be unsurprised by extreme reaction, both negative and positive.
What I have been unprepared for is the misrepresentation of my comments in some sections of the print and online media, not so much in the content of the reportage as in the headlines of the pieces.
'Rahul Bose speaks in favour of Delhi gang rape accused, sees gender warrior in them' and 'Twitterati criticises Rahul Bose for favouring Delhi gang rape accused' are two such examples.
Let us examine what I said, and at this point I hasten to add that many major newspapers, including this one, reported my comments fairly and accurately.
I said that if anybody is willing to reform, did we have it in ourselves to subvert our patriarchal mindset and tell them we are willing to consider the right to reform, even if there is such a massive public upsurge against them? 'If we have to evolve as a civilisation, further beyond the boundaries of India, then we have to look at forgiveness.' I posed a question to ourselves.
A question that I did not dictate the answer to, a question that I personally, in my own capacity, unequivocally answered in tweets, saying that 'if the perpetrator shows no remorse then neither should we.' And, 'if a person dear to me was raped' (I would be) 'very sad, even angry.
But if, over time, the perpetrator showed deep, genuine remorse while in jail, I would find it in my heart to forgive him'. These are personal evaluations on how I would react to such a display of contrition on a perpetrator's part.
Naturally, I would use my own judgement to arrive at a conclusion of whether or not the perpetrator showed deep and genuine remorse. There was never at any time, any suggestion on my part that others would have to replicate the standards I set for myself. Rightly, it is the victims and their near and dear ones who will decide whether or not to forgive.
My point of subverting entrenched patriarchies was made against a larger phenomenon that I mentioned at the public forum, but has gone unreported, namely that the most staunchly patriarchal societies have an unenviable record of 'an eye for an eye' and that more evolved societies today have done away with capital punishment as just one example of a more humane response to the most hateful of crimes.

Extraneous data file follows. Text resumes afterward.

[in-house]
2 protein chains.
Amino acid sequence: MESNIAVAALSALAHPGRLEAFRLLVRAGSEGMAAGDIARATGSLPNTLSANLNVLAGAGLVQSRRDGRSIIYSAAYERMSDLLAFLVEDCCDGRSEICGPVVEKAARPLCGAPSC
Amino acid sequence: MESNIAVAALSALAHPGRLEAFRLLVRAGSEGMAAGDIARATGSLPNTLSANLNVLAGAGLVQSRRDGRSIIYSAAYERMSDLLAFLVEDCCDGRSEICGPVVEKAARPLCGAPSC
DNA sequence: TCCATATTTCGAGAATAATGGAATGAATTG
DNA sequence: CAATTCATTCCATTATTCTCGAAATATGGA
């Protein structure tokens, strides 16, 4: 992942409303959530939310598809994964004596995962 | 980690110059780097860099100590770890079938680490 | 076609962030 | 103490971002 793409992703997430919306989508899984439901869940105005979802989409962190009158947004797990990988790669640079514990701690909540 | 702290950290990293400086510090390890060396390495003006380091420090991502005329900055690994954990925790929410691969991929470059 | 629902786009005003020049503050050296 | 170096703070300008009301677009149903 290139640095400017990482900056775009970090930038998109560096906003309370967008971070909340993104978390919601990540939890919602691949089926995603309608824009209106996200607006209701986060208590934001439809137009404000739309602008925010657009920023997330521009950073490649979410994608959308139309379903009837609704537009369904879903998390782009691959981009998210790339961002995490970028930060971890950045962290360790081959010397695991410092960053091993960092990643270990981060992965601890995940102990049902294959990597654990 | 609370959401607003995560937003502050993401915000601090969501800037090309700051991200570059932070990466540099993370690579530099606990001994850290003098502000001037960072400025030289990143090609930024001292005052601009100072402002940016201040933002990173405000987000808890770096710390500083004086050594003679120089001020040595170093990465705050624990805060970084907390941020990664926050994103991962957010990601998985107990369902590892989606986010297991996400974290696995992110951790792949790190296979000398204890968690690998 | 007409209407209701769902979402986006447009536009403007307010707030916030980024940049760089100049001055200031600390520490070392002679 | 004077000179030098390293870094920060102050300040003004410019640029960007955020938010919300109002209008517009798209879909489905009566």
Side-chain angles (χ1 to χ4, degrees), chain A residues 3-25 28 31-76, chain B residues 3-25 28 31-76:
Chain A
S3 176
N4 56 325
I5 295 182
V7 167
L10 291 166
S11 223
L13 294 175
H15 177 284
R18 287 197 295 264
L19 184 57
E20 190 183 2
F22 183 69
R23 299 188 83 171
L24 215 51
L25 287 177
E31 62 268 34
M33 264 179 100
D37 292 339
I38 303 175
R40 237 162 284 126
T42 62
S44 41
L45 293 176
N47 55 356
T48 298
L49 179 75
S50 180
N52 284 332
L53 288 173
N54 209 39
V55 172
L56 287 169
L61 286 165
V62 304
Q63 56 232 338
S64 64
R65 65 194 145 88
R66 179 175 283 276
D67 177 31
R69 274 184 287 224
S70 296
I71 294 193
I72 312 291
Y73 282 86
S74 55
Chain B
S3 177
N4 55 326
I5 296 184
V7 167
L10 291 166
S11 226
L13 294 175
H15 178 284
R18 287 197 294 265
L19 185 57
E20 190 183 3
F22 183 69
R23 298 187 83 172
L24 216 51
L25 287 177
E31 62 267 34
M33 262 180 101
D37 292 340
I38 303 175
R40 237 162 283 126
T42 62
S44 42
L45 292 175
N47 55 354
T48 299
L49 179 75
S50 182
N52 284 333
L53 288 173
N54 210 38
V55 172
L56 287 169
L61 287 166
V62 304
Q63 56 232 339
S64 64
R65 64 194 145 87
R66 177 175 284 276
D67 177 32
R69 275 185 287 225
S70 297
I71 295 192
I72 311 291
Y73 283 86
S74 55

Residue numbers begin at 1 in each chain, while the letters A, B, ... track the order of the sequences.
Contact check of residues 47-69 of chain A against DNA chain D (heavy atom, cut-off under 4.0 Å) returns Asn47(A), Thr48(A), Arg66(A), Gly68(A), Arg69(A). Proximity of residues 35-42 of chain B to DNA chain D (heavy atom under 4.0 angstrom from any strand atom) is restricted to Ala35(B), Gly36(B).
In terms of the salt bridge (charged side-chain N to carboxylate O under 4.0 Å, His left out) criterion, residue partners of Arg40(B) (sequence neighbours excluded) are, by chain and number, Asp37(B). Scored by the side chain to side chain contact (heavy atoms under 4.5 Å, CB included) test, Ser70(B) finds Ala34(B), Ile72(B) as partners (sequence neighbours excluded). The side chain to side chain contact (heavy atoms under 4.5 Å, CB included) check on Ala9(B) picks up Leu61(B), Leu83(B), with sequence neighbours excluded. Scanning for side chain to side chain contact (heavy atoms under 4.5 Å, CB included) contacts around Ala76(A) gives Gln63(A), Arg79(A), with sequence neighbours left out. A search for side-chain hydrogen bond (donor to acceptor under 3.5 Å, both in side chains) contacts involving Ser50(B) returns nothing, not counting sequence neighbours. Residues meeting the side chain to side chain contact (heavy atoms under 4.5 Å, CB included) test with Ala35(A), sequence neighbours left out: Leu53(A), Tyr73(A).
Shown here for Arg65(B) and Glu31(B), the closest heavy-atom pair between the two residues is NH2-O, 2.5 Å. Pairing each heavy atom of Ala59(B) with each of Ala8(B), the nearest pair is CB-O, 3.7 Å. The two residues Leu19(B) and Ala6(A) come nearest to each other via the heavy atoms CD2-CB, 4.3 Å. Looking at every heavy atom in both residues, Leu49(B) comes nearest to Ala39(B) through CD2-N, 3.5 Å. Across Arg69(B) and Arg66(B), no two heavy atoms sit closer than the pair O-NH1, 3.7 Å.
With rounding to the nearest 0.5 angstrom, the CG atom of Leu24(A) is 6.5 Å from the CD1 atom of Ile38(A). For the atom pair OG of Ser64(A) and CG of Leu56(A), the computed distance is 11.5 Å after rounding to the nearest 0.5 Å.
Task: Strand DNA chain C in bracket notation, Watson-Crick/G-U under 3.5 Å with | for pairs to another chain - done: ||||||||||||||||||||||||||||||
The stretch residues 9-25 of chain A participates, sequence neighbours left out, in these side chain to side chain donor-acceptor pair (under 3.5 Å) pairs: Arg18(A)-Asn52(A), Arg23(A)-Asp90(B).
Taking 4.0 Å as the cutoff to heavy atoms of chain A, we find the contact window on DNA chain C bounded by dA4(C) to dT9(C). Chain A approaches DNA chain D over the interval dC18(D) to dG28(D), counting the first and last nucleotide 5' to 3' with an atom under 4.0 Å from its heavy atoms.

Why did some of India's wisest founding fathers, why do religious texts across the board, preach forgiveness? Why do they contend that forgiveness is a tenet we must practise if we are to make a better, more peaceful world?
I believe that is because forgiveness gives the aggrieved a chance to erase negativity and hate from their souls. It gives them the nourishing breath, the positive energy to heal, to move forward.
In retrospect perhaps it was still too soon after the horrific incident of December 16 to make this argument, especially in Delhi where people are still processing their grief and anger. But to suggest I support the rapists is untrue and unfair. Equally unjustified is to ask me to retract my beliefs.
I will always hold the principles of non-violence, love, peace and yes, forgiveness too, to be the lodestars that guide my life. The statements I made were my personal beliefs posed as a question to the rest of the country.
A reading of the reactions to them would make some think this country believes in harsh retribution, reform of the perpetrator be damned. I disagree.
There are many who reacted using empathy, love and peace. To quote two such reactions on Twitter: 'Forgiveness, compassion is where reform and change begins'. 'Reformative measures are more important than punitive ones. Reformative justice ensures a better society.'
I hold these as indicators to the future of this country. That this belief is true or ill-founded, only time will tell.
Rahul Bose is an actor and rights activist. The views expressed by the author are personal.